A couple discovered their home was turning into a huge beehive after honey started dripping down their walls.
Kate Dempsey, 41, first thought the dark patches on the walls were caused by damp, but when she noticed a sweet scent in the air she decided to investigate further by pulling up the floorboards at her home in Folkestone, Kent.
You can see footage of the discovery here:
It was here that she discovered huge six-foot pieces of honeycomb and litres of honey.
Kate said: “It all started in the really hot summer last year. We noticed black sticky stuff coming down our bedroom wall.
“It got to the point where we couldn’t ignore it anymore. I smelt it and tasted it and it was honey.
“I went to our daughter’s room which is above ours and pulled back the carpet. These massive maggots started crawling out of the floorboards.
“We decided we were going to pull up the floorboards and see what was going on. We found an old hive and it was almost composting, loads of moths were coming out.
“We pulled up this massive six-foot honeycomb. When we were in the middle of [clearing it out], we woke up one morning and the room was full of bees."
She continued: “We called local beekeepers for help and one came to look - he said that they were robber bees and they had come to the nest to steal the honey.
"He said to use marigold gloves because the bees can’t sting through them, and to wear lots of layers.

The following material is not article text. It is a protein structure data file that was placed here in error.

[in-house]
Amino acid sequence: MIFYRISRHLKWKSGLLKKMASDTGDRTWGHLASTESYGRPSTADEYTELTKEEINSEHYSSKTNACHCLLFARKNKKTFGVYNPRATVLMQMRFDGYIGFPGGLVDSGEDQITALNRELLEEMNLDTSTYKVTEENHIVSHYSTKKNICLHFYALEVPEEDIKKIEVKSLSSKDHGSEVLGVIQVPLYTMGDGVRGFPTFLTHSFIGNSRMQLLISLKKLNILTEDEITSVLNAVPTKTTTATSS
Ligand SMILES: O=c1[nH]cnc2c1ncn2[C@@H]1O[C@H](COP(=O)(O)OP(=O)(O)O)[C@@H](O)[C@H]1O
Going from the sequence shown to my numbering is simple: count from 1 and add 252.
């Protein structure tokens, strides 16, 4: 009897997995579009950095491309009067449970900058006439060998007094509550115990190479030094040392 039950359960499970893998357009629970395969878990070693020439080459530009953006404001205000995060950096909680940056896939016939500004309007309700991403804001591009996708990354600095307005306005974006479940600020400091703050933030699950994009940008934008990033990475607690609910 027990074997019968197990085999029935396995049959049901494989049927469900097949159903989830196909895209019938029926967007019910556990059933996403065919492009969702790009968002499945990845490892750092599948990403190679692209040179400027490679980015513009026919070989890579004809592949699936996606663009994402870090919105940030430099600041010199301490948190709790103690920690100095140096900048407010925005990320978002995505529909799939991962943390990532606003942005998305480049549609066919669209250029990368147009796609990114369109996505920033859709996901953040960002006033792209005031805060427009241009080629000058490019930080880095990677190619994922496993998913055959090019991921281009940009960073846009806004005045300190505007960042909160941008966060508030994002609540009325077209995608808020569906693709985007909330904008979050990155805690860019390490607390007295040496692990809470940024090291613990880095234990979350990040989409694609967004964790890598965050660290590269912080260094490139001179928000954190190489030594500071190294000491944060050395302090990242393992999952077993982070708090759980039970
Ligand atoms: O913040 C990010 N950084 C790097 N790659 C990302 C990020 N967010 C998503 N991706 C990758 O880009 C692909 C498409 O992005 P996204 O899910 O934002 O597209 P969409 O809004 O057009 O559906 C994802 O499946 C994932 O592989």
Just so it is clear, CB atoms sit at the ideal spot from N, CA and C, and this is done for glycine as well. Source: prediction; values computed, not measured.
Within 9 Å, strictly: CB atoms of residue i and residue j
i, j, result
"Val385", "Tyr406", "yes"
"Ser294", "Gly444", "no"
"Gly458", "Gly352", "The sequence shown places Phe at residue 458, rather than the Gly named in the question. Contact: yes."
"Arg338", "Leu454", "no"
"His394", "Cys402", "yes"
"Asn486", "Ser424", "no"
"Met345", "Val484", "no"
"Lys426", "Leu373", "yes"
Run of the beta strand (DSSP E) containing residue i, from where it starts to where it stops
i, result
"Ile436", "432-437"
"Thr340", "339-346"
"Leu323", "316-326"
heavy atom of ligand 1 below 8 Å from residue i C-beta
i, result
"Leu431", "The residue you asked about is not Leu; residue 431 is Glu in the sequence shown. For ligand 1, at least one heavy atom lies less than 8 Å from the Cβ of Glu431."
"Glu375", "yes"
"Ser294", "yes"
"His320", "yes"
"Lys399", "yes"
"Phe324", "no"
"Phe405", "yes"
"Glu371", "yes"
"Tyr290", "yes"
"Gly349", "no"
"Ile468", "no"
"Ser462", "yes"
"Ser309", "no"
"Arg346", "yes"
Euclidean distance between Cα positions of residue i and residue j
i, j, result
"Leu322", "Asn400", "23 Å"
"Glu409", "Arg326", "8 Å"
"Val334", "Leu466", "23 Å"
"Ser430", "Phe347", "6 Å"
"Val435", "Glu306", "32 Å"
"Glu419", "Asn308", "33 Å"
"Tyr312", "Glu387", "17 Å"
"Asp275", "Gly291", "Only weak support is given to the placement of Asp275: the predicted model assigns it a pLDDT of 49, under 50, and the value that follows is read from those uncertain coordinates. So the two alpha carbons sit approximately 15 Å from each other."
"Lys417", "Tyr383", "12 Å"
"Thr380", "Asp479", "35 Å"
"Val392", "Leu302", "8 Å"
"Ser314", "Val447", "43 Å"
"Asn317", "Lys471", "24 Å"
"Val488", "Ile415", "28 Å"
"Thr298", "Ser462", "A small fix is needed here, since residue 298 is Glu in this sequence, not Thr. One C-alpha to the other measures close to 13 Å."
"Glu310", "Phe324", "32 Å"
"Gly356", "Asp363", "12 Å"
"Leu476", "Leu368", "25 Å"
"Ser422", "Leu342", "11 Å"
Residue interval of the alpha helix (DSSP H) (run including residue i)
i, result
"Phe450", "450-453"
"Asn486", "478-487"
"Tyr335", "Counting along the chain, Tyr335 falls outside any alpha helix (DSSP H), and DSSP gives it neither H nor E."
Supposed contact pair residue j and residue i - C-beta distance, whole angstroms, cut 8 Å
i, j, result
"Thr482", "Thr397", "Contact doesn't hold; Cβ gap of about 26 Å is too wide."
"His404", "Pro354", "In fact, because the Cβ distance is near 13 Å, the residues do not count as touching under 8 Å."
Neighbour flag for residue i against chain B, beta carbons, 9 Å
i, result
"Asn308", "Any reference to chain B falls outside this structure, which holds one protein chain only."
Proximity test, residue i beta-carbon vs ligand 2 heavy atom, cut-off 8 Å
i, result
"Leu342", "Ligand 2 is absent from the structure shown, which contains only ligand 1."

"But the beekeeper showed the pattern of behaviour - the bees flying in through hole in wall, getting the honey, and flying straight out through window again - so the bees weren’t that interested in any of us anyway."
After making the unusual discovery, Kate and husband Andrew, 42, began to look for a company who could handle the large clean-up job but were quoted a whopping £10,000.
So, instead they enlisted the help of some pals and did it themselves - with the huge task taking four weeks.
“You can imagine the mess. It was horrendous,” she said.
“We took it to the tip in big bags, there was 20 massive bin bags full of honey. The honey wasn’t edible, a lot of the comb had been attacked by moths.
"Had it been a live honeycomb, we would have got local beekeepers in to extract and relocate it.
"But we were in a bit of a pickle because we couldn’t get anyone to take it unless we paid a huge cost, and they also would have exterminated the bees which we wanted to avoid."
Kate went on: “I was really worried about the scale of how much damage could have been caused. I have no idea [how long it was there] but it would have taken a very long time.
“We wanted encourage other people to check their houses, because we ignored ours for a while.
"We didn’t realise the amount of damage they caused, and it occurred to us that our story can help other people and make them aware.
"We’d been so preoccupied sorting it all out after they were removed, that it didn’t cross our minds until now.”Featured Image Credit: SWNS